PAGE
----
The ever-changing future of a telco

THE telecommunications industry is one of the first sectors to get disrupted by digital innovations.

As digital-based communications gained prominence over network-based communications, telcos are forced to reconsider their role as service providers.

During the Wild Digital conference in Kuala Lumper last week, the Chief Executive Officer of Axiata Digital, Mohd Khairil Abdullah spoke with Tech Wire Asia in an exclusive interview about how the role of a telco is changing and what the future of telco looks like.

First, they came after messaging

When the industry first rolled out short message service (SMS) 15 years ago, it was the most innovative form of communication.

Today, over-the-top (OTT) messaging services such as WhatsApp, WeChat, and Facebook Messenger has taken over. Intelligence firm Ovum predicts that by 2020 the amount of traffic from OTT messaging will be 12 times the size of SMS.

“SMS was a successful product, but no one innovated on it. For 15 years the way you sent SMS was exactly the same,” Khairil said.

As OTT messaging grew in popularity, telcos saw their revenue sliding downhill. Soon, telcos were offering more than just a network or data connection; they bundle additional functionalities to provide users with a better user experience.

Recently, Google attempted to revamp the SMS experience by rolling out a new protocol called Rich Communication Services (RCS). It’s supposed to mimic all the functionalities currently found in most popular chat apps. The only advantage RCS has over OTT, is that there is no need to install third-party apps or create an additional account.

“It’s too little too late to play in the space,” Khairil commented. “As an industry, we’ve been talking RCS for more than five years. It was hard for RCS to take off because telcos didn’t want to work together.”

What is truly needed isn’t just a new communication protocol, but the interoperability between different chat apps.

Next, we go after the other industries

What telcos need, wasn’t just a new protocol for SMS alone. While some have attempted to create new bundles with video or music streaming services, it wasn’t making waves the way telcos had hoped.

As the industry begins to re-evaluate their product offerings, many also begin to see the hidden value of the largest asset that all telcos hold – data.

Axiata group itself has about 350 million customers and subscribers that interact with the company on a daily basis. It also has about 1.8 million retail touchpoints across the region performing transactions daily.

All that data translates to access and insights on customers, which would benefit companies beyond the telco industry.

With that, telcos begin looking at working with other verticals. In the case of Axiata, they’ve identified three core businesses that they are currently focussing on beyond telco. The three companies are mobile wallet Boost, advertising technology ada, as well as API platform Apigate.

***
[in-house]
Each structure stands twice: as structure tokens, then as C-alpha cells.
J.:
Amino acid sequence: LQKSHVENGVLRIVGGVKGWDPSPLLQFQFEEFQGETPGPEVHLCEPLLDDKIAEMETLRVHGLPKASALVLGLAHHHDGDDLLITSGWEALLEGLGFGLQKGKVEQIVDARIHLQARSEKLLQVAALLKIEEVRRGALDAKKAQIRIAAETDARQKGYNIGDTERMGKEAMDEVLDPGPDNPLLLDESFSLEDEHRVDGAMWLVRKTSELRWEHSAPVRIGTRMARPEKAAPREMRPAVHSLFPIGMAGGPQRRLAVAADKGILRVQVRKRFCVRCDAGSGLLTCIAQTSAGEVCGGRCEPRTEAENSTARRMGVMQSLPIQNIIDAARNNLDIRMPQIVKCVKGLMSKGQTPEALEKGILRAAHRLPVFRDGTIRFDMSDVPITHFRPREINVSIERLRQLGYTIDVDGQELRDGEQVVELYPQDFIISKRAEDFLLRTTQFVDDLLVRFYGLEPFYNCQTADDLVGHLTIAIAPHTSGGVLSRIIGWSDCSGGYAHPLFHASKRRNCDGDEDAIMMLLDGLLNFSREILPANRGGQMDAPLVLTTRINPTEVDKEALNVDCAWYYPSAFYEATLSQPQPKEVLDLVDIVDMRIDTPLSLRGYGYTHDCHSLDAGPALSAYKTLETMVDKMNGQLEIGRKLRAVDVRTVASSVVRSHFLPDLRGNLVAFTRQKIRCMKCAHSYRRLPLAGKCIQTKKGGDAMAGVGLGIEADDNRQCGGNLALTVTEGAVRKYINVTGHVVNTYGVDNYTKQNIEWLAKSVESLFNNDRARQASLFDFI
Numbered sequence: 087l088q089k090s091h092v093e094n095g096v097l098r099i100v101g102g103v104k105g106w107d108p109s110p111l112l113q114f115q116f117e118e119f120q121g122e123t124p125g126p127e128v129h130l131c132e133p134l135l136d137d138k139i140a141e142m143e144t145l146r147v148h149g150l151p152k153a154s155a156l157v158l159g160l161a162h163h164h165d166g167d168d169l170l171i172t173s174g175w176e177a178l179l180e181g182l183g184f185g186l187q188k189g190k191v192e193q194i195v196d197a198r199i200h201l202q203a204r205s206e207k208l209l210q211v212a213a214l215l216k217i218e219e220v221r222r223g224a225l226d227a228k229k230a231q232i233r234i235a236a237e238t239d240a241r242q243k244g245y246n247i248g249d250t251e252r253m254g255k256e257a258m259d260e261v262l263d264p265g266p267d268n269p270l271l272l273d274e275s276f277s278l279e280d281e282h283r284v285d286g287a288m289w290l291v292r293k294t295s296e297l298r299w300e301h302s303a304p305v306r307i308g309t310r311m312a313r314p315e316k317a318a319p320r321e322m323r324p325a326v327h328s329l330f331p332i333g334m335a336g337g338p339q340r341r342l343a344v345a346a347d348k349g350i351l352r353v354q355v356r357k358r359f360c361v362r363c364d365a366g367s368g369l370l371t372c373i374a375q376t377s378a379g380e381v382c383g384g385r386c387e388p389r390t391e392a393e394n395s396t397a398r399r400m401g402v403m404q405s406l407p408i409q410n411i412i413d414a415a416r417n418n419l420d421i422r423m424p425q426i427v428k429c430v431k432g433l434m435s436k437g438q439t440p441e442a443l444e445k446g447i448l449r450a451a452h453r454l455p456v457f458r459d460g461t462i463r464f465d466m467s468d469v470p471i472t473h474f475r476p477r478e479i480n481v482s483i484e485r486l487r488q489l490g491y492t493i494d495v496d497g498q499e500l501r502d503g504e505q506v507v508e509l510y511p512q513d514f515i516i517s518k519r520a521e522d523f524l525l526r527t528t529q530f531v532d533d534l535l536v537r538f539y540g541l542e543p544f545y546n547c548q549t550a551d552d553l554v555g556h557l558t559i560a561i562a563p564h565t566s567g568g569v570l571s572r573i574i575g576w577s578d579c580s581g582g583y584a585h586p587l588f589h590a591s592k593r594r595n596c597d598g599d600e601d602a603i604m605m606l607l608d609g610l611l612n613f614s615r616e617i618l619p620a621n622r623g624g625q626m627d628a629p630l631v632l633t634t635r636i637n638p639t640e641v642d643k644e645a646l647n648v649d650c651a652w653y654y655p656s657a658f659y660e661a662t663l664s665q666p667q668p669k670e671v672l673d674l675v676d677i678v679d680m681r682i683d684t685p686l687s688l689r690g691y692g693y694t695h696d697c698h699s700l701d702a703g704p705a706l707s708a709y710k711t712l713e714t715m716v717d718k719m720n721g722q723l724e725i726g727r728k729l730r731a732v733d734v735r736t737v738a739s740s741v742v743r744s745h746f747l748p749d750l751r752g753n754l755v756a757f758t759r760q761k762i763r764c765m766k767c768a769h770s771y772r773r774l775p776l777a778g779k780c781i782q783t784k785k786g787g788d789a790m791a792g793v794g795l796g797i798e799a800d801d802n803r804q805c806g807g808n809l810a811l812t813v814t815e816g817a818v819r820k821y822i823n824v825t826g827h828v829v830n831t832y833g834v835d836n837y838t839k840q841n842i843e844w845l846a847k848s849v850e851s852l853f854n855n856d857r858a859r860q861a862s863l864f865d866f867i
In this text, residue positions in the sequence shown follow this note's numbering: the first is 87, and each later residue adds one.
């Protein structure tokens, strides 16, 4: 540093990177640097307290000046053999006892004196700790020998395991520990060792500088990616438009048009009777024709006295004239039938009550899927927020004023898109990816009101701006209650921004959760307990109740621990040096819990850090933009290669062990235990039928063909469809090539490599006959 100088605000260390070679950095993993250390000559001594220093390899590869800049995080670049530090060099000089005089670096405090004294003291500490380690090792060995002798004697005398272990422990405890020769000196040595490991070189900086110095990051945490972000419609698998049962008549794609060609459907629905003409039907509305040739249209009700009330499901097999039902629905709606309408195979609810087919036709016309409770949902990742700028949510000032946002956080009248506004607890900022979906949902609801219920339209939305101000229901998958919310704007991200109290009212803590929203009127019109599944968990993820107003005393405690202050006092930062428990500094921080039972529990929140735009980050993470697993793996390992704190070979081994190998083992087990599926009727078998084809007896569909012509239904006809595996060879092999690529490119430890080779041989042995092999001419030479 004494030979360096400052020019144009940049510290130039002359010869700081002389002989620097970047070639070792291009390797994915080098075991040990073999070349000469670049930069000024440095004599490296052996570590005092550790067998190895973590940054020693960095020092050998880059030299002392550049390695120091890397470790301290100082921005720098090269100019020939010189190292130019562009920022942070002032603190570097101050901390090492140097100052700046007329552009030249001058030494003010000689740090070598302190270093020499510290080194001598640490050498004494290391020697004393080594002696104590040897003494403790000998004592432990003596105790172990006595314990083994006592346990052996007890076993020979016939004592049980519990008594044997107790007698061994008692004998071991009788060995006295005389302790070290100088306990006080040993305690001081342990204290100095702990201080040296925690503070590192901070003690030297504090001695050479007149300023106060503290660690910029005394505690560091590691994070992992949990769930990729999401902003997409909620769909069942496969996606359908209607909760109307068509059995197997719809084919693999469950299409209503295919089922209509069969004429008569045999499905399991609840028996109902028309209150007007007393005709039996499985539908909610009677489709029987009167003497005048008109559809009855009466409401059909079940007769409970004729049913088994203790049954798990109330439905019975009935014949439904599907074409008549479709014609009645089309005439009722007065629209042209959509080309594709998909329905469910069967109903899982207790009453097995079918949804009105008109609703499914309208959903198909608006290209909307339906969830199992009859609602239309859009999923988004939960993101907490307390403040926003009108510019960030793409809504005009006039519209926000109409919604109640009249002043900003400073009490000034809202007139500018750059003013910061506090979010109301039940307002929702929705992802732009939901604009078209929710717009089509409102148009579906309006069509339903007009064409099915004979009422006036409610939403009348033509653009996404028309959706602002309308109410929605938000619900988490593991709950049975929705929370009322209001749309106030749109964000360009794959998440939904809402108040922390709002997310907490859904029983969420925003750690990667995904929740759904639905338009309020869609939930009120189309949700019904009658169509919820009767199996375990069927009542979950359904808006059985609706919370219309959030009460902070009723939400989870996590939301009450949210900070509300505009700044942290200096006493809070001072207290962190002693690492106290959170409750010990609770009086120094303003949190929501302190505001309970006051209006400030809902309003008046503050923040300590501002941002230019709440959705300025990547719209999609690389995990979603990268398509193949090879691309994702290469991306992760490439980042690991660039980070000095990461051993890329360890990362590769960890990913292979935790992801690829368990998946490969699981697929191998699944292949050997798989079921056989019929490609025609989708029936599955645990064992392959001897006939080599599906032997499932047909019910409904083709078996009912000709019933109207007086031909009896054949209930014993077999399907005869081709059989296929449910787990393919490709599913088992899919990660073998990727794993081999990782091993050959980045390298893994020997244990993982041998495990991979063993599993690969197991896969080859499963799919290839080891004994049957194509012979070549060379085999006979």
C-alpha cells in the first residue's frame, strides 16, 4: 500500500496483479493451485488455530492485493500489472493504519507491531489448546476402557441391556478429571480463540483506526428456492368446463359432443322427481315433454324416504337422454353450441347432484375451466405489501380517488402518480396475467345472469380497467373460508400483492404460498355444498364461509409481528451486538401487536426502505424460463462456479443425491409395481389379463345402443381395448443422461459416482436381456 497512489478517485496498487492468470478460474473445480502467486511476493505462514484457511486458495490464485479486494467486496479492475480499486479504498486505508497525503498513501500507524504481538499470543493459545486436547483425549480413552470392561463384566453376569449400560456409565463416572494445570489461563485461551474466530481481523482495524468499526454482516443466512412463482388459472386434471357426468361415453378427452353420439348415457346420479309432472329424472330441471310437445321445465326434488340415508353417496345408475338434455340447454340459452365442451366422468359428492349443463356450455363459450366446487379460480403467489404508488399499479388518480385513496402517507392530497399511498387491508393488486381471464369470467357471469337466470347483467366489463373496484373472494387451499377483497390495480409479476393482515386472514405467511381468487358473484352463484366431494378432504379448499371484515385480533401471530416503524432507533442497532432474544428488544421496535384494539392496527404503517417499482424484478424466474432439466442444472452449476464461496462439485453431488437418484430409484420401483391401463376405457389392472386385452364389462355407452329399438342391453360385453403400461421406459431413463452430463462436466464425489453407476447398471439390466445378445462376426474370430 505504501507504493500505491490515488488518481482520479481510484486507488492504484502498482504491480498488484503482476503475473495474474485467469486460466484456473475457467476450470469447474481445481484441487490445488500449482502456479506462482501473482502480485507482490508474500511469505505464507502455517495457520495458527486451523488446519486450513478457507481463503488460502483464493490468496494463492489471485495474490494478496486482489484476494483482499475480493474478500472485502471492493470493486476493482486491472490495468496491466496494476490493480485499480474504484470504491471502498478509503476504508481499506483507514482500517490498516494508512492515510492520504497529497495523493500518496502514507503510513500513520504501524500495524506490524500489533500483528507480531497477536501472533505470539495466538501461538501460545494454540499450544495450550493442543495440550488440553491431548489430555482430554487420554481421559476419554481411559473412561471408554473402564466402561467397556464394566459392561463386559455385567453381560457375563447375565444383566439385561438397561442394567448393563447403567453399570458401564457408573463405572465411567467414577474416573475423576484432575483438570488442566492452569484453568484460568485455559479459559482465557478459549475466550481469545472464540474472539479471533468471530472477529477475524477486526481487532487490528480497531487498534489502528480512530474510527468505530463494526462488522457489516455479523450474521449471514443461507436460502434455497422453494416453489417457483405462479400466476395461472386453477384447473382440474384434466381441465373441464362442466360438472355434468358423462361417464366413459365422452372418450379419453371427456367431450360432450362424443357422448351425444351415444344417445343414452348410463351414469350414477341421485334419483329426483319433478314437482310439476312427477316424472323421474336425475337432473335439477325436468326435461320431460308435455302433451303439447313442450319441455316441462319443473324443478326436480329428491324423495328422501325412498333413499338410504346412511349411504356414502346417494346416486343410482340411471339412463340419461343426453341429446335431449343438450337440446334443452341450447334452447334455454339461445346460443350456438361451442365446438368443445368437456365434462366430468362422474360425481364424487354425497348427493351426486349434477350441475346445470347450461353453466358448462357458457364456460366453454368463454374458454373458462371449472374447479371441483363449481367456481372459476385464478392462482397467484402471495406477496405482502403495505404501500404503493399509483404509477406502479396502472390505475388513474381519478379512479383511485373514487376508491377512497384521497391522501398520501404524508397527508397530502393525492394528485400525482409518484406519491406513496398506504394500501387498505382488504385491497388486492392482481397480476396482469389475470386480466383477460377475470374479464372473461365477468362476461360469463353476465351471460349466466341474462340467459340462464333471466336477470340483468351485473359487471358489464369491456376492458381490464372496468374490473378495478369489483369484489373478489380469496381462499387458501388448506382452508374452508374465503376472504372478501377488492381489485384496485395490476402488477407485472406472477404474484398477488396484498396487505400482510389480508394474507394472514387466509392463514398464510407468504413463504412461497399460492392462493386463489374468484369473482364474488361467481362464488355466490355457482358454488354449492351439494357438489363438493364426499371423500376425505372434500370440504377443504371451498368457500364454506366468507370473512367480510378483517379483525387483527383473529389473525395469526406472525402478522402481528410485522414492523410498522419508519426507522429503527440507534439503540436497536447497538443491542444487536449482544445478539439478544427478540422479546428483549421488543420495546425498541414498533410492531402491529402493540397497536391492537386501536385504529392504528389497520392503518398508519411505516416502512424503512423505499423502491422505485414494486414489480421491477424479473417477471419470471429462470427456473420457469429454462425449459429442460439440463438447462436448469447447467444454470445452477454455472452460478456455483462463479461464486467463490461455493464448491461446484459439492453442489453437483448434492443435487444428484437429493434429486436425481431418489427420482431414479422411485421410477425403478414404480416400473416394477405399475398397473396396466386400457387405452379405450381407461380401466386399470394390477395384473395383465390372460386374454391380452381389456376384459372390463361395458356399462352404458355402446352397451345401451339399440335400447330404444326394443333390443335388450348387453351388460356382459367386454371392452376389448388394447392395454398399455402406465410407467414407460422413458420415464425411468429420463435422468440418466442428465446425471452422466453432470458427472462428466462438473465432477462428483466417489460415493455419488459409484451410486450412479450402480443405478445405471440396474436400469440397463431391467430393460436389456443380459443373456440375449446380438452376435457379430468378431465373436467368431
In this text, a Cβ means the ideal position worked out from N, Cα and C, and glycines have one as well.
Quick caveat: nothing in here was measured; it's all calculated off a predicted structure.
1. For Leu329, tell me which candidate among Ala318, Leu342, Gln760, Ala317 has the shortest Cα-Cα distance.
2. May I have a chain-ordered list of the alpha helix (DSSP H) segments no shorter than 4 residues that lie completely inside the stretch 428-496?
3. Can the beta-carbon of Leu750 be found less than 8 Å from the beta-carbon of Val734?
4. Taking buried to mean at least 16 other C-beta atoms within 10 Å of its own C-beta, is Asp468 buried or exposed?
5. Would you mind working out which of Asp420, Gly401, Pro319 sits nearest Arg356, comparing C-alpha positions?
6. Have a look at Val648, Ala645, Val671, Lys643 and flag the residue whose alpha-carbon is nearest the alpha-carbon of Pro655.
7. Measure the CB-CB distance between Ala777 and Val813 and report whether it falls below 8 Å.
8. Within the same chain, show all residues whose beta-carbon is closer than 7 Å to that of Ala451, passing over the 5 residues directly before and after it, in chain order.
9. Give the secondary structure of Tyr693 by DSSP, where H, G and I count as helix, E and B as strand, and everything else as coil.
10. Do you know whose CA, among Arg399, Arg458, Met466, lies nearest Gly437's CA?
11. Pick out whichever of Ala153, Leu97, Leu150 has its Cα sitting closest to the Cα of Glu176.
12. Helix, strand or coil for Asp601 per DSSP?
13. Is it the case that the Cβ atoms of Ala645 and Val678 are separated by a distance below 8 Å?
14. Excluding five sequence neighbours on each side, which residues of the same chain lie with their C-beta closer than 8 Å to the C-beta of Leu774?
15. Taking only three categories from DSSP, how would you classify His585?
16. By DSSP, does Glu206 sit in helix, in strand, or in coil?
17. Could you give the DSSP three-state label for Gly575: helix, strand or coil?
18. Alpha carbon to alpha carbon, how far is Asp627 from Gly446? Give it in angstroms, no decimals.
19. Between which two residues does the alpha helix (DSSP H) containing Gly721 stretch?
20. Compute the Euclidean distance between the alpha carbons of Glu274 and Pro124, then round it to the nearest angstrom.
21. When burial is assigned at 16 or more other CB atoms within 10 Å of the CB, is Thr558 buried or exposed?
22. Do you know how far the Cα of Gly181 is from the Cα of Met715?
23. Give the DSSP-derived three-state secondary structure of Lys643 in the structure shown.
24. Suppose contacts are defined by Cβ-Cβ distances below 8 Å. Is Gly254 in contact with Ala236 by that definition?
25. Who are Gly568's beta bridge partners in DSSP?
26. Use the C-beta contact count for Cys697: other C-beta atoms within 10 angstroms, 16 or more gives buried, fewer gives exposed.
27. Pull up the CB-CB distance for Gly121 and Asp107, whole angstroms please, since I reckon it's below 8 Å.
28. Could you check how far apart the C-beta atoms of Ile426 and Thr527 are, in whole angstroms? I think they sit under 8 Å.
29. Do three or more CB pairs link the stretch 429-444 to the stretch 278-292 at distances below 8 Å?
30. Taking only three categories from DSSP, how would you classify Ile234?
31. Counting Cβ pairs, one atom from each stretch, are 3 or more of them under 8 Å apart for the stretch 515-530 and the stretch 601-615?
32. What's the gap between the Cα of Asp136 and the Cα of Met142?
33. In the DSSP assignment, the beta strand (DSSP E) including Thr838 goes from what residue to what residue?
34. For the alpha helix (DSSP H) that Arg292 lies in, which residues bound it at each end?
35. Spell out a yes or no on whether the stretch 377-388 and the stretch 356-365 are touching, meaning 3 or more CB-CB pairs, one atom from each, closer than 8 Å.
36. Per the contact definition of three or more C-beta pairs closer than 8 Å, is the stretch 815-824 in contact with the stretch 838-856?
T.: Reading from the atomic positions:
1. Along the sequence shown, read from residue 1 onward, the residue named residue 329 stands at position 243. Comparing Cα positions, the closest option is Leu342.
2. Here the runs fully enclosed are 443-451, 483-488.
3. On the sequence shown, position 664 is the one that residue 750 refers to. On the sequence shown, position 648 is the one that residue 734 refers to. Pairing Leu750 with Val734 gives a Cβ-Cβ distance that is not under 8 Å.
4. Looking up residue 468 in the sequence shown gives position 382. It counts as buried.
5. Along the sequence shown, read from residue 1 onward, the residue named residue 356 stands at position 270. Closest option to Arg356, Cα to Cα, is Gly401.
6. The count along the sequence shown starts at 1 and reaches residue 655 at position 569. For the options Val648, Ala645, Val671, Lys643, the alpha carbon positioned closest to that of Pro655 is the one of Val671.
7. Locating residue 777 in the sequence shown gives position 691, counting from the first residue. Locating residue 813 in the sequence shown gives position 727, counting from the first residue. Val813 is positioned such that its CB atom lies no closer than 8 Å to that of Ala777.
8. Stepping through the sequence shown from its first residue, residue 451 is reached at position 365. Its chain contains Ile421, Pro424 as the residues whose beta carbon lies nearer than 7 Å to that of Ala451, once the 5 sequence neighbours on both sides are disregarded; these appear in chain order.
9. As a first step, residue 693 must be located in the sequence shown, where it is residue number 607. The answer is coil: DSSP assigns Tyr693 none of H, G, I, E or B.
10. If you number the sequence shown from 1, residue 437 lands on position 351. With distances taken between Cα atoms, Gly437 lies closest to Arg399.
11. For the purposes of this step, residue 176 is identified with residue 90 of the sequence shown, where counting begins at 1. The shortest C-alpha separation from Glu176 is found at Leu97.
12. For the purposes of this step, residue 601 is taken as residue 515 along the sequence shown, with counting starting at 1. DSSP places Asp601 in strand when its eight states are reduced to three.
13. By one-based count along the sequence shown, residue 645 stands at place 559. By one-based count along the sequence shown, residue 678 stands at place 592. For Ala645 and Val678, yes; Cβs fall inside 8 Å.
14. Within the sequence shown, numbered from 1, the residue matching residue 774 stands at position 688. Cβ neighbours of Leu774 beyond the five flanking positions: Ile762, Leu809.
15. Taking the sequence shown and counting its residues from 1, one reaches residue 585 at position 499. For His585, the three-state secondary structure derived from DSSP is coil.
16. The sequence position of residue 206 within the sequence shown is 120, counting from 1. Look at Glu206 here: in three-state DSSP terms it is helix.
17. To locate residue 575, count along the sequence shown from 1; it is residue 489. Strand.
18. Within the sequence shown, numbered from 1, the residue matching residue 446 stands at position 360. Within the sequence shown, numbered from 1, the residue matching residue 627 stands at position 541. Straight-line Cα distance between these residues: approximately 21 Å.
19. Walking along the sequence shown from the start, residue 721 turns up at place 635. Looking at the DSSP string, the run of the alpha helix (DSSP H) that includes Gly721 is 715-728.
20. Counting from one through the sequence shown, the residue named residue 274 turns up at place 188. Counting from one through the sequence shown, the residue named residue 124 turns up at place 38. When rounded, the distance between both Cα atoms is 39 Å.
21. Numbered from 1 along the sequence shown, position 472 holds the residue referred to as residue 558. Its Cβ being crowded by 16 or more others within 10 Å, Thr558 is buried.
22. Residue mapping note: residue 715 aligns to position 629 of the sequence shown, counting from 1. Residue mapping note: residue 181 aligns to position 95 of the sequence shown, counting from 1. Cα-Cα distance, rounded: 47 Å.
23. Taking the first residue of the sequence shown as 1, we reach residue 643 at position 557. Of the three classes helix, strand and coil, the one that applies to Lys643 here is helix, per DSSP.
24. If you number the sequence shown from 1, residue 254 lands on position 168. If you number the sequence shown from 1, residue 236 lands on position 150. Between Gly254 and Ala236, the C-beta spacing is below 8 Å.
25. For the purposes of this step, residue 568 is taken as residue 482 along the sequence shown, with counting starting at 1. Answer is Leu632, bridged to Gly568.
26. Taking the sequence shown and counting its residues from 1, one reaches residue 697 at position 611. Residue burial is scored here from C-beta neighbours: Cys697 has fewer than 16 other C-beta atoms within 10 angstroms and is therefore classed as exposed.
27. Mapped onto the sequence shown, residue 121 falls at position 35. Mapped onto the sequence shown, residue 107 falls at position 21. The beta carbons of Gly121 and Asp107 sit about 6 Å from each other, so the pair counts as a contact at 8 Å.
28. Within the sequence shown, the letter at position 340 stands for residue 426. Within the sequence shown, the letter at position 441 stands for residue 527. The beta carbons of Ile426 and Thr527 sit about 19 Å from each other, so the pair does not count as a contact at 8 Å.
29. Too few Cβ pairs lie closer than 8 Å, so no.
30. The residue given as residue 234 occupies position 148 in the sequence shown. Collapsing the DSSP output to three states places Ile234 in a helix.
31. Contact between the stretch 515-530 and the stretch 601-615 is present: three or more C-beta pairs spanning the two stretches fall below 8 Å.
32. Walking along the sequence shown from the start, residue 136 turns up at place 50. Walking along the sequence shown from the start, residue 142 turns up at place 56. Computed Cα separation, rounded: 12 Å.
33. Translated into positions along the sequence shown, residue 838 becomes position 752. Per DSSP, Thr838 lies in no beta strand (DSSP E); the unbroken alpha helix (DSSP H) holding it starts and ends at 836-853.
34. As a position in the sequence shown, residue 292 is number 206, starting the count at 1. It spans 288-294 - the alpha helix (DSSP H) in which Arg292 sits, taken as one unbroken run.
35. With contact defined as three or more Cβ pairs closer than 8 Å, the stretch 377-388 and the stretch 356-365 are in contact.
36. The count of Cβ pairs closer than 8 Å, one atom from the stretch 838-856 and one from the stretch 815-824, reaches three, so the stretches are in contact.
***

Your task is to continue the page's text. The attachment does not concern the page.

“We’ve learned the hard way. In the early days, we ended up building 30 different businesses in our portfolio and it ranged a whole different gamut of industries – video service, music streaming, etc.,” Khairil recalled.

It wasn’t feasible, as all industries have their respective licensing and regulations. Managing the risk and compliance was a nightmare. Soon the company realized it does not have a huge resource pool to handle that level of diversification.

Finally, they decided on the three pillars mentioned, based on the company’s assets, resources, and capabilities.

Partnering is the way forward

“There’s an unfortunate legacy DNA component of a typical telco – they tend to want to build everything on their own,” Khairil laments. “However, things are moving so rapidly in areas where traditional telco engineers don’t know how to do.”

Today, more and more telcos are more receptive towards partnering with other companies to create new value propositions for customers. More than just bundled telco plans, companies are partnering to offer digital services like mobile wallets.

The future of telco according to Khairil, will see a lot more sharing and interoperability.

He thinks that telcos will provide a platform whereby services can latch on, and it won’t matter what apps a user is using. Gateways on the platform will connect and translate protocols so that apps of a similar function will be able to communicate with each other.

For a future where communications are not limited by the hardware, communication platform, or protocol used, it will require a lot more partnership.

In a connected world, telcos will remain crucial for providing network services. However, diversifying their portfolio and partnering with other verticals to make full use of their existing assets will be key for them to remain relevant in the market.

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